The woman met her victim, a 43-year-old Manchester man, on Match.com before convincing him to hand over vast sums of cash.
She reportedly spoke with an American accent and claimed to be a 35-year-old from the Bahamas who worked in South Africa, but police do not know her real identity or age.
The brunette is said to use three different names – Christy Dunn, Martha Cameron and Miranda Stinson – and is believed to have links to the Bahamas, South Africa, Botswana, London and Bristol.
Avon and Somerset police issued a photograph of the woman ahead of a Crimewatch appeal broadcast last night.
Detective constable Simon Da Costa said the woman met her victim in February 2014, communicating with him through the website’s direct messaging facility and then with video calls via Skype.
“Within ten months of them meeting online, the offender made multiple requests to the victim for money," he said.
“The victim was manipulated into giving this money firstly by the promise of a relationship, then emotional blackmail and the promise of the return of his money, and finally by threats.
“We really need to find this woman, so if you have information about where she may be, or if you have also been a victim, please call us.”
Some of the money was paid into accounts with links to Bristol, but police believe the scam is likely to be part of a wider criminal operation targeting lonely and vulnerable people online.
So-called “romance fraud” has increased dramatically with the rise of online dating, and fraudsters are believed to have stolen nearly £40m from Britons looking for love last year, according to official crime figures.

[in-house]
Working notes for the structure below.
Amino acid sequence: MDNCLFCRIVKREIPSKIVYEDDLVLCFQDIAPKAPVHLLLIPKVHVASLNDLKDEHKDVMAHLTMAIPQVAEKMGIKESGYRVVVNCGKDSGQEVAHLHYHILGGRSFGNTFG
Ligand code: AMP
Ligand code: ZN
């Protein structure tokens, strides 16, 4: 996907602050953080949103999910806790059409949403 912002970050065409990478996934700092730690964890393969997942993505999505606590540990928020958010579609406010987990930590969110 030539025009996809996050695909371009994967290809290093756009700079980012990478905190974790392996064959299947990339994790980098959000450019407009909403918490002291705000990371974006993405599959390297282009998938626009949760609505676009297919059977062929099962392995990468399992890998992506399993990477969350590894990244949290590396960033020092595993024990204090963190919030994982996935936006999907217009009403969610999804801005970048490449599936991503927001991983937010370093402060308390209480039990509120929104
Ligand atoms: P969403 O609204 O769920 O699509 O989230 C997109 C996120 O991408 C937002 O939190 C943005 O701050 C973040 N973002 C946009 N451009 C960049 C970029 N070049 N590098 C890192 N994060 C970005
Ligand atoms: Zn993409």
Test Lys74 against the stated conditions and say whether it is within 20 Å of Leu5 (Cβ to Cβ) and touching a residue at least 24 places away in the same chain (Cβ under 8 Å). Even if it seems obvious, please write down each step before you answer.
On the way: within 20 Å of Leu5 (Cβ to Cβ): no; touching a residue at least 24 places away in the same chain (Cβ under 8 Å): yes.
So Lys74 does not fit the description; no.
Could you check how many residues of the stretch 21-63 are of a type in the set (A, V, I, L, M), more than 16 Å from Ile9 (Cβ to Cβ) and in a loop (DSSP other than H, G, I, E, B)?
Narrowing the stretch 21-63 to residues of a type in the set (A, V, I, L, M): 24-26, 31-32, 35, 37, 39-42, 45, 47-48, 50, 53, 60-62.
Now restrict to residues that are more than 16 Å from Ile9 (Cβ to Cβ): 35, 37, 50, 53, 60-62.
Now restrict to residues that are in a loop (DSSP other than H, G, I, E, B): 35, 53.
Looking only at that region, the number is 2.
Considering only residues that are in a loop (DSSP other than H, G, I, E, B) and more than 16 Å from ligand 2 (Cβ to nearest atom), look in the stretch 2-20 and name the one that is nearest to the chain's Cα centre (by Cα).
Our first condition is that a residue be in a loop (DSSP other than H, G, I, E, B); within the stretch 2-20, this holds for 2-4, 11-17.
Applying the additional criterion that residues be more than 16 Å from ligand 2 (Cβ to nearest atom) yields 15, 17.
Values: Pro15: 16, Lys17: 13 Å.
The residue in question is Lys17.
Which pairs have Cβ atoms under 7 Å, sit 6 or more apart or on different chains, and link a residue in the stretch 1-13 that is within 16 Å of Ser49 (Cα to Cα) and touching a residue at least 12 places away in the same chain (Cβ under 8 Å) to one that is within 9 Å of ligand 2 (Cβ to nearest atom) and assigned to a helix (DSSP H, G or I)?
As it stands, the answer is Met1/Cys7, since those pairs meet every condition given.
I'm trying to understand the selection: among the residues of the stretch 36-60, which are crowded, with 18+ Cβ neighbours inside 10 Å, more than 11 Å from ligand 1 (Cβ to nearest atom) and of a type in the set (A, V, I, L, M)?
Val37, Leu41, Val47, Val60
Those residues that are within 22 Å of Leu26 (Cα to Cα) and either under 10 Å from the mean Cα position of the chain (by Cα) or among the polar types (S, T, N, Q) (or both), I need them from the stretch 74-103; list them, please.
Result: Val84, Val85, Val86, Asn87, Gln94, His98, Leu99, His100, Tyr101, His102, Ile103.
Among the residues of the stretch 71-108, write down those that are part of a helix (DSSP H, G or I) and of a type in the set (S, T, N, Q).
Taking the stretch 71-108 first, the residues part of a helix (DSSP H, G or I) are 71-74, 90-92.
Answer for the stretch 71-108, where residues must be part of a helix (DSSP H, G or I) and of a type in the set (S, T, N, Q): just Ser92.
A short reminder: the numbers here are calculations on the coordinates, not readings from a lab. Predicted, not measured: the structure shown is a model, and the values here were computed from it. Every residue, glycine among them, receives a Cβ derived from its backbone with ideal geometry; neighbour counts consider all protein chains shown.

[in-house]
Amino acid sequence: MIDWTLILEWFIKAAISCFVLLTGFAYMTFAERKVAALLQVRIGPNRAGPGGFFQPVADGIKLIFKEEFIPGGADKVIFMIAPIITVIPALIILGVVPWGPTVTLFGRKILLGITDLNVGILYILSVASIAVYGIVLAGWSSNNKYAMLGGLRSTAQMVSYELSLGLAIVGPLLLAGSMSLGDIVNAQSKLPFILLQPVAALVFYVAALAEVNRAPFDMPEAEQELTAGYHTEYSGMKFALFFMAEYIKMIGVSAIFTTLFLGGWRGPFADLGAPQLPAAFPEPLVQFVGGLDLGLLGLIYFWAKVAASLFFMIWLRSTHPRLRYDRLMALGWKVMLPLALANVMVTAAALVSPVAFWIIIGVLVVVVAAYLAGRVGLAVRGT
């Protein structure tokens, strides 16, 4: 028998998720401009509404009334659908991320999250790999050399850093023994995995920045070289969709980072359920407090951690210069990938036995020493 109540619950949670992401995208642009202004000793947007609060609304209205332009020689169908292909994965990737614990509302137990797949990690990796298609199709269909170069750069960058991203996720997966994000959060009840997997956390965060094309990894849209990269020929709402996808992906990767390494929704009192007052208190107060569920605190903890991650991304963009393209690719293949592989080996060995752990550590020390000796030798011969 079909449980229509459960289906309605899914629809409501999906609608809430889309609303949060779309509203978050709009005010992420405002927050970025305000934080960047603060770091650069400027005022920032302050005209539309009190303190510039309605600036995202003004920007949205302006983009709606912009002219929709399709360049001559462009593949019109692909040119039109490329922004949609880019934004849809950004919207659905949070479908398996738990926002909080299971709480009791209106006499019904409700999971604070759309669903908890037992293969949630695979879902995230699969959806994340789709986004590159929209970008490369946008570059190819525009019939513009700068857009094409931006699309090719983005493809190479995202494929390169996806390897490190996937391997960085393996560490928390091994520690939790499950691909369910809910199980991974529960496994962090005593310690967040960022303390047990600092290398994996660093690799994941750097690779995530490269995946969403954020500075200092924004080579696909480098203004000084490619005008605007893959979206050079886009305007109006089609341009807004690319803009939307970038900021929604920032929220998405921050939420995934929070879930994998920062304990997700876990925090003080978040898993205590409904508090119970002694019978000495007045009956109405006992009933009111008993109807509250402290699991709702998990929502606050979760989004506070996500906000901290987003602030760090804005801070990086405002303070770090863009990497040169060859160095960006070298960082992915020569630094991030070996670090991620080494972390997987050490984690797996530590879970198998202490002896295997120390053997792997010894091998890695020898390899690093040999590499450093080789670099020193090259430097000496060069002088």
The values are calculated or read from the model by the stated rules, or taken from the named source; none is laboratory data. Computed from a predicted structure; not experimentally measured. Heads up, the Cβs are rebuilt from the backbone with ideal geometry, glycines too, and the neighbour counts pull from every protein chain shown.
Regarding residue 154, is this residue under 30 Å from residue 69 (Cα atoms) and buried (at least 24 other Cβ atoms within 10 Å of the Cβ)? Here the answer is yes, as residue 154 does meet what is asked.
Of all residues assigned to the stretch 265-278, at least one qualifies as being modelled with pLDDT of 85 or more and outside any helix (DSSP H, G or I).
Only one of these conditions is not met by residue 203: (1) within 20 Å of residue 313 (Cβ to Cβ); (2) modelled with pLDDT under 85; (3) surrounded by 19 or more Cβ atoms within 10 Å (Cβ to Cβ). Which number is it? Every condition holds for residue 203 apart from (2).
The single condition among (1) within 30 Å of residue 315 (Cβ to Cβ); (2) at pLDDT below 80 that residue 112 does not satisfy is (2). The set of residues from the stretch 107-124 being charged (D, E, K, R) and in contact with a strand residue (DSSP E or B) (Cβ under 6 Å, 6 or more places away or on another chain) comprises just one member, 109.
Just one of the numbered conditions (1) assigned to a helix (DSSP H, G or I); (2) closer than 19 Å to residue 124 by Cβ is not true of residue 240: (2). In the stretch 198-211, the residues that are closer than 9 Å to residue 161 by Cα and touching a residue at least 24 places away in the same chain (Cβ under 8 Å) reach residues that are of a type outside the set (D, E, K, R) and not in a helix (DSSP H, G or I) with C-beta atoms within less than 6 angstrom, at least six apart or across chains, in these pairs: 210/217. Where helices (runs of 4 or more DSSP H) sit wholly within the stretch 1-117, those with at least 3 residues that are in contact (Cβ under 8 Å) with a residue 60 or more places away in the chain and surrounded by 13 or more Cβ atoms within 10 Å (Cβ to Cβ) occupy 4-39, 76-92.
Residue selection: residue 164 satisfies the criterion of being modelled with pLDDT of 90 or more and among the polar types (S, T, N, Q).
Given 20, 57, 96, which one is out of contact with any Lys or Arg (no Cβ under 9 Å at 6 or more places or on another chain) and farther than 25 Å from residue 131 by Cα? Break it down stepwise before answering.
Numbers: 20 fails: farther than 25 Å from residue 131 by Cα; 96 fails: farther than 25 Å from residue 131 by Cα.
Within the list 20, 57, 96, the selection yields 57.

An estimated 8 million adults in the UK used online dating sites in 2016 – a huge increase from just 100,000 at the turn of the century.
On average, victims of romance scams are conned out of around £10,000.
Overseas criminals posing as suitors targeted almost 4,000 wealthy Brits in 2016 according to the National Fraud Intelligence Bureau.
Both men and women are targeted, with at least 39 per cent of those duped thought to be men.
Investigators fear these statistics could be the tip of the iceberg as many victims are too embarrassed to tell their family and friends they have been swindled and do not report the scams to the police.
All dating websites warn users not to send money to people they have not met, but cyber psychologist Monica Whitty of the University of Leicester said: “It is not the case that stupid people fall for romance scams – they can be very clever.”
Match.com gives detailed advice to its users on how to spot the signs of a potential fraudster.
The website states: “Our customer care team works hard to ensure that unwanted accounts are removed from the site. Our moderation team manually check photos and personal ads across the site and a built-in screening system helps identify suspicious accounts, remove them and prevent re-registration.
"While we are confident that our measures ensure a high level of security, we urge members to maintain vigilance while dating online and report any suspicious profiles to safeguard other members.”Reuse content